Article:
I got down to the Kitchener Studio Project on Wednesday for the opening reception for Pascal Dufaux’s piece The Cosmos In Which We Live, Chapter II. Pascal (left) gave a great talk to the assembled crowd on the concepts and motivation behind the piece.
You should definitely get there to see it, weekdays 4-6pm at 44 Gaukel St in Kitchener, running through to March 28. Pascal, being the awesome dude that he is, said he could also be swayed to open it up at other hours that are perhaps more conducive to those of us with day jobs. You can reach him here.
This whole gig, shepherded by CAFKA, was supported by a grant and gear from Christie Digital as part of their collaborative Artist In Residence program. Since this intersection of art and technology is right at the sweet spot for makebright, it was great to meet Charles Fraresso, Senior Manager for Research and Innovation at Christie (thank you, Tony Reinhart).
I’ve put up a lot of photos because this piece totally resonates with the maker/photographer in me and because I want there to be a lot more of these collaborations with a lot more companies here. And, as always, I want to get your feet on the street so you can see this work IRL. Trust me: looking at photos of this piece, you’re missing the whole delightfully interactive and thought-provoking nature of it. *You* complete this piece.
This post, part 1/2, is the reception and talk. The follow-up, part 2/2, will show an extensive pre-show shoot I did with Pascal on Monday.
Wandering around behind the scenes, I found the master computer running the whole thing and, wait a second, isn’t that…
yes, it’s our Agnes Niewiadomksi. This console view of video feeds from the actual piece was so meta that my mind was blown, so I…
walked around the front to see people’s reactions.
Marcel (upper right) and Virtual Marcel (left wall) post-glitch/delay/mash-up.
Marcel and Nick.
Pascal talking with artist Laura De Decker.
Funny moment in Pascal’s artist talk when he noted that these installations typically run with consumer-grade projectors that are nowhere near as bright/sharp/[kickass] as this trio of wicked Christie projectors. You might say that I’m a fan of the technology, given that Christie tech has powered two of my own installations in the past two years:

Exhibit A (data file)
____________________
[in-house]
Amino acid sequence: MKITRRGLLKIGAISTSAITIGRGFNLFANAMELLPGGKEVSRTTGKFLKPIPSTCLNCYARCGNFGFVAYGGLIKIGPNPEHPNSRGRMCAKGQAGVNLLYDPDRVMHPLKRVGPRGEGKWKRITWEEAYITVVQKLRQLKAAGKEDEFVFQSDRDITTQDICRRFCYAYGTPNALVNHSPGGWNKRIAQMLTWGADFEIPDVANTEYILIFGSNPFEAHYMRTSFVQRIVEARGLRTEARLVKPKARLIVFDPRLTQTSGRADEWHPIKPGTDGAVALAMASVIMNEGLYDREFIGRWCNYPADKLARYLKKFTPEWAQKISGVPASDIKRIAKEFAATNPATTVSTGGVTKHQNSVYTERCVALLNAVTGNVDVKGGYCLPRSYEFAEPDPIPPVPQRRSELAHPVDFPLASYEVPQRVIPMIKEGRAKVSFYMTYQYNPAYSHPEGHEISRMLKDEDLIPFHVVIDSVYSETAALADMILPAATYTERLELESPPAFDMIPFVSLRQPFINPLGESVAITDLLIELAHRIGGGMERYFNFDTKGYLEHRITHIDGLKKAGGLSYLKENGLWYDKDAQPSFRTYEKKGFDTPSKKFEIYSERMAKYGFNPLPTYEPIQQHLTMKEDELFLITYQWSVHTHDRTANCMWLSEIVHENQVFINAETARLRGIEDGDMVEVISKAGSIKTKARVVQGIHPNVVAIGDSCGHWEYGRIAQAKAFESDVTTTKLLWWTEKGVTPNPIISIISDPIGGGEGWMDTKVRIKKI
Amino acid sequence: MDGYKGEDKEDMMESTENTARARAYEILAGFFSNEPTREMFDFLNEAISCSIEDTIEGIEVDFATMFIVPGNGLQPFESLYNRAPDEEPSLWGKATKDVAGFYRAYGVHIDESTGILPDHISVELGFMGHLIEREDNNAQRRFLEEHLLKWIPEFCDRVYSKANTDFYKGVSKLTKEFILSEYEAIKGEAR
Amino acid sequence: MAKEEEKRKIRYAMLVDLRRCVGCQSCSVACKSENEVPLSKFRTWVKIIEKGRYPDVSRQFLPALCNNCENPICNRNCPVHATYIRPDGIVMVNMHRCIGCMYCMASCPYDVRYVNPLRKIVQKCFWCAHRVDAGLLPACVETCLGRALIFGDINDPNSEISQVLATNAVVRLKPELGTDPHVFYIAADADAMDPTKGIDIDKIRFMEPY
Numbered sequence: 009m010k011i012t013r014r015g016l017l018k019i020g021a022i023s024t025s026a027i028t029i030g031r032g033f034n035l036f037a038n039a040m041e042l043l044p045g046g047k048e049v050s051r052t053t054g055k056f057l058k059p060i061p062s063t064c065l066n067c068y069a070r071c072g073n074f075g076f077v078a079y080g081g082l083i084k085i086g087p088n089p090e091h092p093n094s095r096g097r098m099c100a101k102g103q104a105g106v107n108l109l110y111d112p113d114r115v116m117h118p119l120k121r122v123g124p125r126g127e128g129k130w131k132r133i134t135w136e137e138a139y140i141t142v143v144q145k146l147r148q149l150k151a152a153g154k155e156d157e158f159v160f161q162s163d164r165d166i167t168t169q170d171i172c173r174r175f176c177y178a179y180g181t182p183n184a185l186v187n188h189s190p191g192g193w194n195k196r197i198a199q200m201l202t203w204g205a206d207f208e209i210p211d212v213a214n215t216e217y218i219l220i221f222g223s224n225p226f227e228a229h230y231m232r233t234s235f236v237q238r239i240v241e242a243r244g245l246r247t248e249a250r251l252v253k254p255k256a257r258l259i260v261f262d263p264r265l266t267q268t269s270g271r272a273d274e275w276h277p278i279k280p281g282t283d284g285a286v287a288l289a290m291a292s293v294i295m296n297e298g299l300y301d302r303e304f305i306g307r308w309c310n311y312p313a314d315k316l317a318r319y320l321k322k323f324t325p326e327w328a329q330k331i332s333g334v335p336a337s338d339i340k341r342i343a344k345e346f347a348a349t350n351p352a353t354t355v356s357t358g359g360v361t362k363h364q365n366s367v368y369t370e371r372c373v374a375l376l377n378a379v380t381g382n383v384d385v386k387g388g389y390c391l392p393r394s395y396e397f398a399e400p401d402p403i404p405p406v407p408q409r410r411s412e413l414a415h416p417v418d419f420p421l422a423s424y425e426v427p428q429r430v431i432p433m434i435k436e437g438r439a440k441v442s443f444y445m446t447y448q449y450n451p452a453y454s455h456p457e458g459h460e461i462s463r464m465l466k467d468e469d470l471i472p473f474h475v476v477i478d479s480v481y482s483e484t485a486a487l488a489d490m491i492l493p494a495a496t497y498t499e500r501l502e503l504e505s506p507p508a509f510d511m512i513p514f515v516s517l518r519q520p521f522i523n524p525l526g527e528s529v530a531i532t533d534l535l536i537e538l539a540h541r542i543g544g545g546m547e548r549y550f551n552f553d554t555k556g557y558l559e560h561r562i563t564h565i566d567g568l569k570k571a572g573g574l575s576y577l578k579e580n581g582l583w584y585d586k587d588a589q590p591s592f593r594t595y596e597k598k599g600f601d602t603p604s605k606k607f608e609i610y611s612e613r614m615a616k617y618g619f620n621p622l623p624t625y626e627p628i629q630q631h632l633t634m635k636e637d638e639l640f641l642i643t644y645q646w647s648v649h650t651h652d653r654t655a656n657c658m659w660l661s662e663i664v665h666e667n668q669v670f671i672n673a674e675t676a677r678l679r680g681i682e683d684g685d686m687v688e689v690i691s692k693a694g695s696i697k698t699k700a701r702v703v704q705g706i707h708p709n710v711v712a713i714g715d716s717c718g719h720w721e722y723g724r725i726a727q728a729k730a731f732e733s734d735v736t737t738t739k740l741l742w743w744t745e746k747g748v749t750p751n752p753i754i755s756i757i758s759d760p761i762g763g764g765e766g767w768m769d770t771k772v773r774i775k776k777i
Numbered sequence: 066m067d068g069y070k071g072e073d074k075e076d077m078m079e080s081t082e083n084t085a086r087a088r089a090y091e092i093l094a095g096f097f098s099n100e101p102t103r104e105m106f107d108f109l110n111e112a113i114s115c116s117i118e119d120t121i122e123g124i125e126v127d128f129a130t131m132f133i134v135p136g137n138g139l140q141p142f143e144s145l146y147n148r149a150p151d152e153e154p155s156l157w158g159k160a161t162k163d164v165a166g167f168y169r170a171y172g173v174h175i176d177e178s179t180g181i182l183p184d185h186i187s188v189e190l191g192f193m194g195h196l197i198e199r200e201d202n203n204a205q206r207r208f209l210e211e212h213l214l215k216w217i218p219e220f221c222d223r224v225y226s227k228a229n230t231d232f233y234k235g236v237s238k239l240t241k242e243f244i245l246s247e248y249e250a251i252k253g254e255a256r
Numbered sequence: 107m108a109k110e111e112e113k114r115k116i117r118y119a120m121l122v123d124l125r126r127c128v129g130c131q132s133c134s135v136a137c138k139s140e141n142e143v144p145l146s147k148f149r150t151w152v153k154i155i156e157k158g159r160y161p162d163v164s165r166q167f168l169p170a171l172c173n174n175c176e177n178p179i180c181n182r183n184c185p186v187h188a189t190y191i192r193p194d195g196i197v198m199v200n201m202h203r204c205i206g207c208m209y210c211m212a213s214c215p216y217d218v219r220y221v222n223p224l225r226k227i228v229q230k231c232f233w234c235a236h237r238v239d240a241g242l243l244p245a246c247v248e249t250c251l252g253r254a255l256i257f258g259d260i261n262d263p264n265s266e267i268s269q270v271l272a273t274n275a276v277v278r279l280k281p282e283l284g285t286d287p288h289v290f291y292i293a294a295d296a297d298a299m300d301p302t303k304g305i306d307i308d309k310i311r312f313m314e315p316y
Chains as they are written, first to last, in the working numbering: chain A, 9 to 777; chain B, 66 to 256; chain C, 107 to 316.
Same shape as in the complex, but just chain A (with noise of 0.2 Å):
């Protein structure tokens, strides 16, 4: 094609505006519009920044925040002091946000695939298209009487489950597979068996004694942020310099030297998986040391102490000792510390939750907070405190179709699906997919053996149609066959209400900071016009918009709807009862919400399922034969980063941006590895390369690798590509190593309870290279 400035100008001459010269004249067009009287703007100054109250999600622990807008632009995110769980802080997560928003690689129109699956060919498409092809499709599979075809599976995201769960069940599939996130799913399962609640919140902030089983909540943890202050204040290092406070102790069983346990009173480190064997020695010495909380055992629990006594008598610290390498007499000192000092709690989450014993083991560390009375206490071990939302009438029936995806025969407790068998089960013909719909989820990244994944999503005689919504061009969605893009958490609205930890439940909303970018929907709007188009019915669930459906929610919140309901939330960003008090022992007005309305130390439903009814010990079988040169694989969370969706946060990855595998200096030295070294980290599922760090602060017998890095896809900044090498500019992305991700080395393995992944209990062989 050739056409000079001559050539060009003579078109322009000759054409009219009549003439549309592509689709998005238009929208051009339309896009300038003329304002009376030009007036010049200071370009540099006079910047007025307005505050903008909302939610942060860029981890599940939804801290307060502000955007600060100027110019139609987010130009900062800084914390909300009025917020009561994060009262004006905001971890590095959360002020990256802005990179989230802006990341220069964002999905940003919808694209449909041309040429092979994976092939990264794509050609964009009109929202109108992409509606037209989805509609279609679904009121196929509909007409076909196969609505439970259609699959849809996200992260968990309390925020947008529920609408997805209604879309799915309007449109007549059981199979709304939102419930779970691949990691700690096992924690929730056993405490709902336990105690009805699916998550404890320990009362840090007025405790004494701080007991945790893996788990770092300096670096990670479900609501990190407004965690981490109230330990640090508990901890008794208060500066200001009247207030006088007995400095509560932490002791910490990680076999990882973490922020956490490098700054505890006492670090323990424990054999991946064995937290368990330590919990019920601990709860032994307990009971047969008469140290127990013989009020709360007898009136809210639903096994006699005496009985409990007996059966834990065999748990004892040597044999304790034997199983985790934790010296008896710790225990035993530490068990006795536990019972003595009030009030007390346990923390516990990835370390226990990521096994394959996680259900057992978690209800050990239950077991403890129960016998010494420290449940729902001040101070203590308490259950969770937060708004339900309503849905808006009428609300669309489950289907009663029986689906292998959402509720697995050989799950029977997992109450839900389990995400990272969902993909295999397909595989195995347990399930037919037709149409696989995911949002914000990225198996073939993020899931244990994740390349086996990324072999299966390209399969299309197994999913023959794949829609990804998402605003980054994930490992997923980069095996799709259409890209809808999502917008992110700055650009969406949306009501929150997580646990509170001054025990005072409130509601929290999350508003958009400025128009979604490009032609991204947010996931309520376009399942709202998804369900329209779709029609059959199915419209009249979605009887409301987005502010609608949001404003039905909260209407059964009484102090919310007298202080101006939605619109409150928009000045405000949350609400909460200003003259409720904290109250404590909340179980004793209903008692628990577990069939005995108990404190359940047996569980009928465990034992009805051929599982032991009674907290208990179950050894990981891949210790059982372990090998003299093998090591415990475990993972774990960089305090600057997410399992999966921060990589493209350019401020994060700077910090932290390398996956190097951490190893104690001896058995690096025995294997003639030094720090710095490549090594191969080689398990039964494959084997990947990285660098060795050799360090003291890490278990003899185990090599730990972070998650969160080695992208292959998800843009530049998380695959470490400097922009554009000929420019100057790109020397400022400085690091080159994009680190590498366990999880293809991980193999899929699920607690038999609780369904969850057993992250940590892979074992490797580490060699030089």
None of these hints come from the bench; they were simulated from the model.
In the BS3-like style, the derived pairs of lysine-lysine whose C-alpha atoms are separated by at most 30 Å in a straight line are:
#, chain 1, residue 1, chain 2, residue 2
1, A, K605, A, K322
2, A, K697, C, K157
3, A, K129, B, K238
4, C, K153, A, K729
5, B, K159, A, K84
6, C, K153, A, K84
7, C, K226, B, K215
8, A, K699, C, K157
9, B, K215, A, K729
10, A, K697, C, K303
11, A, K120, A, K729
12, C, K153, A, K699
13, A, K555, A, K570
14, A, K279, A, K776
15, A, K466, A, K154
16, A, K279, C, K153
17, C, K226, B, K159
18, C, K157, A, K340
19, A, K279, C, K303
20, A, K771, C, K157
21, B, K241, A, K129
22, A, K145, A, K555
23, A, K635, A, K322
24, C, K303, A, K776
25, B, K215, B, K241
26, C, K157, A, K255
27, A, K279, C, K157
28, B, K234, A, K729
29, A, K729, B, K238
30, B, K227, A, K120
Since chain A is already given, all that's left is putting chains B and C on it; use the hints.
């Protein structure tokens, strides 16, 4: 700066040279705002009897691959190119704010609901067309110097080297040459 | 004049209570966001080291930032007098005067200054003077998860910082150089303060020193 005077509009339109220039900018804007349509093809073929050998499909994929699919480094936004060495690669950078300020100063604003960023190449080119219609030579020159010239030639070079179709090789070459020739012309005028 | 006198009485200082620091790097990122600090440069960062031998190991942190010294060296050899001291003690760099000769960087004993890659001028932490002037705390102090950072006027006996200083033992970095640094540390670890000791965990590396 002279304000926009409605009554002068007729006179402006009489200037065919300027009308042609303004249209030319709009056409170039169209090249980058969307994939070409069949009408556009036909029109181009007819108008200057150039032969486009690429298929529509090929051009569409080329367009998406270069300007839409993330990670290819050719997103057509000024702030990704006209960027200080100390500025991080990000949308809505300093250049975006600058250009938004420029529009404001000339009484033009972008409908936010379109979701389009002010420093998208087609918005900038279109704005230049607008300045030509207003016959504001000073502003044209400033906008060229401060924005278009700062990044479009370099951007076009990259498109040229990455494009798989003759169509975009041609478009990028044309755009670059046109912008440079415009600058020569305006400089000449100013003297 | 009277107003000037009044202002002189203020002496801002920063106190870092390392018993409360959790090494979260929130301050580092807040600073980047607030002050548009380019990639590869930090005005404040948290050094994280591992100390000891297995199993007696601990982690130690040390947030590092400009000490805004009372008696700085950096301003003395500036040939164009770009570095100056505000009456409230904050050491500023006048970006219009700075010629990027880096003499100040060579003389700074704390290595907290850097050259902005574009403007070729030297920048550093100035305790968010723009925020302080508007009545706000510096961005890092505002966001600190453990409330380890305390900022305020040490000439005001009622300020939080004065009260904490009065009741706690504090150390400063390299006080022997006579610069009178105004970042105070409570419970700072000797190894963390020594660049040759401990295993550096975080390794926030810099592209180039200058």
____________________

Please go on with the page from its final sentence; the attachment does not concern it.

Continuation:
- Looking Up and In – a projection atop Kitchener City Hall on the sky gallery
- DISCONNECT – with Tony Reinhart on pervasive surveillance and loss of human connection
Uber-meta: the video delay in this piece allowed me to shoot one of the rotating cameras in the piece, then quickly spin around and shoot the projection of me shooting the piece. Nearly opened a rift in the space-time continuum.
These visual echoes are wicked.
How many car batteries would it take to power this baby from the trunk of my car so we could do some guerrilla urban projecting on buildings?
More meta: learn about composition by watching Tony Reinhart (foreground) shoot
Pascal seemed like a conductor, directing the machines.
It is a great thing to hear an artist, passionate about his work, share the story.
All creatures large and small.
Tony talks to Pascal (left) and Charles Fraresso.
Mo’ meta: here’s Lydia Frey of Tofayo Photography. She’s doing some work with CAFKA.
Tony busts out the voice recorder and it’s interview on the spot time.
Recap: get down to 44 Gaukel to see this piece. And if you’re with a company, take note of Christie’s example and get involved with the arts. I’m happy to connect you.